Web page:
I recently went off on Facebook about the problems inherent in the kumbaya stance. The position touts the idea that if we just listen and are respectful when confronted with destructive ideologies, then we can all grow and learn from each other. It assumes that people who have decided to axe people out of their lives haven’t communicated well enough, haven’t tried numerous times forever to have xyz conversations, don’t understand how growth actually happens, and ultimately, aren’t doing their fair share in the work that is needed to get certain systemic fuckeries addressed.
My own personal experiences with the kumbaya-er is that they are nowhere to be found when these enlightening conversations are taking place. I’ve had many. People with less privilege than me have had exponentially more. People who make calls and walk the streets and boycott businesses and support the voices of victims are often having these conversations. I never see a kumbaya-er out there with their enlightening progressive growth talks.
Which, honestly, is just insult to an entirely separate injury. The problem with the kumbaya mantra is not just that it’s a balloon filled with sand that thinks it’s profound, the problem is that it would help if people with every privilege on the list stood up and addressed, in all the proper fuckass tones I guess, the folks who refuse to hear certain voices, who refuse to compromise for the sake of other humans (but definitely not because those humans don’t matter fuck no). It would help if people in places of power turned to their peers and said, “No. This is not ok.” rather than telling the people who experience dehumanizing activity on the regular that they aren’t trying hard enough to force a change.
I intro-ed this piece with the kumbaya example because it isn’t just large scale issues that are affected by the mantra. A bully will sidle into your life regardless of what arena you’re in. They don’t care about arenas. The gaslighting involved in setting a boundary with them is epic and unrelenting.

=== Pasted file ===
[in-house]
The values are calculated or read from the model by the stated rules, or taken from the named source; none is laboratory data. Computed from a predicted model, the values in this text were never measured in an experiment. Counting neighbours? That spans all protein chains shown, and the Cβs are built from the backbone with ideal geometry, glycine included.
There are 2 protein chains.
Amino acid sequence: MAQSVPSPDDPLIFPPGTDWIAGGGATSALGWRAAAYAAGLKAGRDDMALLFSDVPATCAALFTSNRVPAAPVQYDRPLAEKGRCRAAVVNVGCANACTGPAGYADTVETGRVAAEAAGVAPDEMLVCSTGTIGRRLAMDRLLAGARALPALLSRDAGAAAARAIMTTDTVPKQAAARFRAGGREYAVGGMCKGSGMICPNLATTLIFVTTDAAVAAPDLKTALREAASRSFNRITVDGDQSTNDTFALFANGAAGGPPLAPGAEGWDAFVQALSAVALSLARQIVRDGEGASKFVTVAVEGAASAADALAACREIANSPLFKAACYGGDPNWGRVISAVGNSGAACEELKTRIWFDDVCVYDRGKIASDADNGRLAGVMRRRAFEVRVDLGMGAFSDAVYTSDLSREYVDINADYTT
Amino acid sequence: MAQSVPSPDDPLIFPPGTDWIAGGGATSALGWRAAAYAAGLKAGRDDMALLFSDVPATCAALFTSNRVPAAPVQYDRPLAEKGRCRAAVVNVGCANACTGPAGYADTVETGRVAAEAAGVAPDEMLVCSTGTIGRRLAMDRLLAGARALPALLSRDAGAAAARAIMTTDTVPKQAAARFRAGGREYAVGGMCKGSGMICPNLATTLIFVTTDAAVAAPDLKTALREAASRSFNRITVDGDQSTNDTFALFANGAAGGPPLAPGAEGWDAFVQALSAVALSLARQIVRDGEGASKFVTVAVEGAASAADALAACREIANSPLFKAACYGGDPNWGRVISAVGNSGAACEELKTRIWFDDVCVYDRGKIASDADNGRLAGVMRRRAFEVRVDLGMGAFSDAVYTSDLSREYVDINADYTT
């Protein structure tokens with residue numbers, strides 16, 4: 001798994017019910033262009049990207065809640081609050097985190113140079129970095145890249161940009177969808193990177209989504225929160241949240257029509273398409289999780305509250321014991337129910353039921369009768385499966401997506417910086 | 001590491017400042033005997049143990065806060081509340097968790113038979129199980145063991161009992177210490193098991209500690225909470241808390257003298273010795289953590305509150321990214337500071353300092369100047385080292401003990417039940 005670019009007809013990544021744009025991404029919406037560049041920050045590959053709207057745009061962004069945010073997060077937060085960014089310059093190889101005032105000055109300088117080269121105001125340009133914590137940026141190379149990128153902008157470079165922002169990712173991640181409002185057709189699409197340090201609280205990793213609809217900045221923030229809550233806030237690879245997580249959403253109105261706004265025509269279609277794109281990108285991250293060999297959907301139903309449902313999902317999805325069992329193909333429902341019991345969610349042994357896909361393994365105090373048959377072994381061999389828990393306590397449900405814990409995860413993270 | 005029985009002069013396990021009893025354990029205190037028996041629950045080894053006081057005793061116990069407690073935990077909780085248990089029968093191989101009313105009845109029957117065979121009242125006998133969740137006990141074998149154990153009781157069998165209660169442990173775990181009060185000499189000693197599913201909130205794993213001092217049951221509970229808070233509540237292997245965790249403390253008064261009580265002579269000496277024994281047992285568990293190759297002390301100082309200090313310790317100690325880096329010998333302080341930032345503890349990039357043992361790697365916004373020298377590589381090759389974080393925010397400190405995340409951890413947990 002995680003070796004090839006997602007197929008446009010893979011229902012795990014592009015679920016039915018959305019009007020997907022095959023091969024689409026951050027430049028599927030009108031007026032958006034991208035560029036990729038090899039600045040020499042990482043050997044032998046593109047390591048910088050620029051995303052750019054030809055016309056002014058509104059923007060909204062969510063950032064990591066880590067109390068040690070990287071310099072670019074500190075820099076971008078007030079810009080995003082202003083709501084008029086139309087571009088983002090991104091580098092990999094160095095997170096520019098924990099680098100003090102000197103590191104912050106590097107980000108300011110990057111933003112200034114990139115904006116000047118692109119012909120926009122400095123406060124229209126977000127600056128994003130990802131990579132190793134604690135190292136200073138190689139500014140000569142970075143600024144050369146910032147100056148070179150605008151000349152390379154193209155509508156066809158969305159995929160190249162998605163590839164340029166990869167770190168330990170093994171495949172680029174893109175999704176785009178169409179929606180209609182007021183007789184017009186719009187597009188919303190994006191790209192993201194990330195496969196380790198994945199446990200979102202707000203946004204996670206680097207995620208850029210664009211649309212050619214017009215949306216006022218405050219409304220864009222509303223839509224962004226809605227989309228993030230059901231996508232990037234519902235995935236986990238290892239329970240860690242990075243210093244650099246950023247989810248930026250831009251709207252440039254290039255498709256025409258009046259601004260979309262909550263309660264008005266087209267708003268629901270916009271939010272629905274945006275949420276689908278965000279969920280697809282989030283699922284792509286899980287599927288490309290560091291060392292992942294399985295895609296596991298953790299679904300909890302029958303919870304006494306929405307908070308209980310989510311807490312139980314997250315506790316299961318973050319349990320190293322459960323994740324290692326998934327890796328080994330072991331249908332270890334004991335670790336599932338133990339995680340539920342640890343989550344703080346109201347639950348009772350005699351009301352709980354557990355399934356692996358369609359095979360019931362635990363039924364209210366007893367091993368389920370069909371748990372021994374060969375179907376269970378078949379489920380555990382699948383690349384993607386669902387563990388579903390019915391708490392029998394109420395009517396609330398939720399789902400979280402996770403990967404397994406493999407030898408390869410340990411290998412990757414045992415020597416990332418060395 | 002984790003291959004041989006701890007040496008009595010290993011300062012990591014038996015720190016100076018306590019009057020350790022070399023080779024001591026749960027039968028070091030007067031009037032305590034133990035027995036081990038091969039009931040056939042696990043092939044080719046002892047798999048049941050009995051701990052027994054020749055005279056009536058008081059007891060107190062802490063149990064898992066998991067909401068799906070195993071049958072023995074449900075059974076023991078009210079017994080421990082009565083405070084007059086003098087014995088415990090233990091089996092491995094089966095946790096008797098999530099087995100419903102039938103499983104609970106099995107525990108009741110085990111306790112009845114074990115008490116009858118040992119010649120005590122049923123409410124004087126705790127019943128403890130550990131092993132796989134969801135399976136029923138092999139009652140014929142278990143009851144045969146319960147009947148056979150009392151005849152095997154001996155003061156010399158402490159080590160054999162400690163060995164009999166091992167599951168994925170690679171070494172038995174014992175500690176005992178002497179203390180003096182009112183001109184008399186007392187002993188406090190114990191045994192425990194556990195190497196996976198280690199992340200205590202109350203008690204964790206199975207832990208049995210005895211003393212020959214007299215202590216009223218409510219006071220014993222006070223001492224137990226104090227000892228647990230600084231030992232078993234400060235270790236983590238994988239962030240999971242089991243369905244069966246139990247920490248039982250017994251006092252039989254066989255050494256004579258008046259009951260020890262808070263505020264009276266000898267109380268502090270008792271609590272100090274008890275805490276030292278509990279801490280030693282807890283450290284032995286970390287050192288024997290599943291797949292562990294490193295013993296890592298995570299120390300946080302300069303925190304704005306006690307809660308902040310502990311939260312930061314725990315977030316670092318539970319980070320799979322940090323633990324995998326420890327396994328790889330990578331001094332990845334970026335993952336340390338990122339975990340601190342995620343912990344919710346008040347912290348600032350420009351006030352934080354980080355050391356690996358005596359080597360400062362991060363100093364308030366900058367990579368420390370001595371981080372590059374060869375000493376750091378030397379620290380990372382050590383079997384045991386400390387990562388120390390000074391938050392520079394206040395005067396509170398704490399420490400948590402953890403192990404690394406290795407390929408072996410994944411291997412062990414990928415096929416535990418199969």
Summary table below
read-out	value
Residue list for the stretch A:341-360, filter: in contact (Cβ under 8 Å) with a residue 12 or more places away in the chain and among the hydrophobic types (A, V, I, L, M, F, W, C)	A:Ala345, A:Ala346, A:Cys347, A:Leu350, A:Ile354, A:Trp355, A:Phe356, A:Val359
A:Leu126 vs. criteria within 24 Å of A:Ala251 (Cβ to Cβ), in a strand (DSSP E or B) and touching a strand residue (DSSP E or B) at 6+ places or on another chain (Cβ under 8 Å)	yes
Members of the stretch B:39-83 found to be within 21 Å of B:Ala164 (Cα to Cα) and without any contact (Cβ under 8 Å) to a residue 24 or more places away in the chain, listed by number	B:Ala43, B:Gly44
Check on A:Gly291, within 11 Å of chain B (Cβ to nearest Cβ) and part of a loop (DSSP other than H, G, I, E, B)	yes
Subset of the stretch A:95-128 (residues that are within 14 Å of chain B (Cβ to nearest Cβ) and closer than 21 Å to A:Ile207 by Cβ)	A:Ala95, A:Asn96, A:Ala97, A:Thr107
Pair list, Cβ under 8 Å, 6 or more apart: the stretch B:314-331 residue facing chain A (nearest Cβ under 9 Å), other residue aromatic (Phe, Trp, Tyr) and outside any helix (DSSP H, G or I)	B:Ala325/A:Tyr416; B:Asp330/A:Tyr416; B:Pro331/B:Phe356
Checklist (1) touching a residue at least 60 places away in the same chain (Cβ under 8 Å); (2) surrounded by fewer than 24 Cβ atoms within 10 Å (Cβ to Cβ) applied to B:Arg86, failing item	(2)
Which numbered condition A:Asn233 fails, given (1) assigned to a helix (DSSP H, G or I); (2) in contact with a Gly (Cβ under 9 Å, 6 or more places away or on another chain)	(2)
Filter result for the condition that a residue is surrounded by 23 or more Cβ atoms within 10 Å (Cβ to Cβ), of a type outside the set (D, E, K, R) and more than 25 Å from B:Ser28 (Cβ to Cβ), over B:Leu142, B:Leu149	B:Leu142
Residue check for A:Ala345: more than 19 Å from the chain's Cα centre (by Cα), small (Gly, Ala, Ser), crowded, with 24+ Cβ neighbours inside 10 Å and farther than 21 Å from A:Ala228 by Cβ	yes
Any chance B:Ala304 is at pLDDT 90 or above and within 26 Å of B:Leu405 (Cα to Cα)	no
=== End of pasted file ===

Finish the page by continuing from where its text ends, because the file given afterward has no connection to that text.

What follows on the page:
I believe in PSAs. I tell everyone, friends and strangers alike, what I am or am not willing to do in any given situation. I’m clear about why, even though I don’t always need to be.
A PSA will go like this:
I am done having this type of conversation. You haven’t heard me, and I don’t have any more ways to tell you. This topic, with you, is off the table.
Here is how I spot a bully:
1) LALALALA STILL TRYING TO HAVE THE CONVERSATION
2) Your reasons for opting out are dumb, cowardly, wrong, and/or misinformed.
3) You ending this conversation is abusive and manipulative.
When I set a boundary, it isn’t about who is bad or good. It’s that my line has been crossed. I don’t expect everyone to have the same lines as me, but if I’m in an exchange, my line gets the same respect that is needed to make that exchange worthwhile. If it isn’t there, then that exchange isn’t happening. Telling me that I am being abusive by stepping out of a situation where I am not regarded in any way that matters is gaslighting. Telling me that my reasons are stupid (or whatever) is an opinion that lets me know you think my judgment regarding that conversation is shitty… probably not going to jump back into that convo. Still trying to have that convo is blatantly ignoring what I said. Nope.
There’s this side eye under current around boundaries, too, like me having so much power setting my own boundaries is somehow equivalent to me being abusive or irresponsible when I stick with them (as seen in portions of the kumbaya mantra).
That’s not how boundaries work. Even if I tell no one about a boundary, it’s like a secret boundary cave or something, when that line gets crossed, and I explain, “HEY wtf that hurts, not ok!” it isn’t going to help my trust in that exchange if the reply is, “well you didn’t tell me so it doesn’t count.” Often it’s not even a subtle quirky thing that saddles the line; it’s like “hey trash talking me and calling me crazy in your status THAT I CAN SEE is hurtful you wet wad of a fucklet.” But then, because I’m crazy, it’s already my fault because that’s what happens when feelings somehow equate to being unreasonable and ridiculous.
When I see the kumbaya stance floating around, I feel like the entire country is in that friendship where nothing I said mattered, pain is mostly made up, and bullying isn’t a real thing unless I’m the one doing it. (Also, side note: if you punch someone and they punch back, you’re not the victim. For actual fuck’s sake.)
We get to have boundaries. We get to stand by them. Having the power to limit how much someone hurts you is not a breach of freedoms. Telling someone you cannot handle the ish anymore is not manipulative. This isn’t a chicken or the egg situation. This is your humanity. You get to love it. You get to respect it. You get to take care of it, especially when no one else is.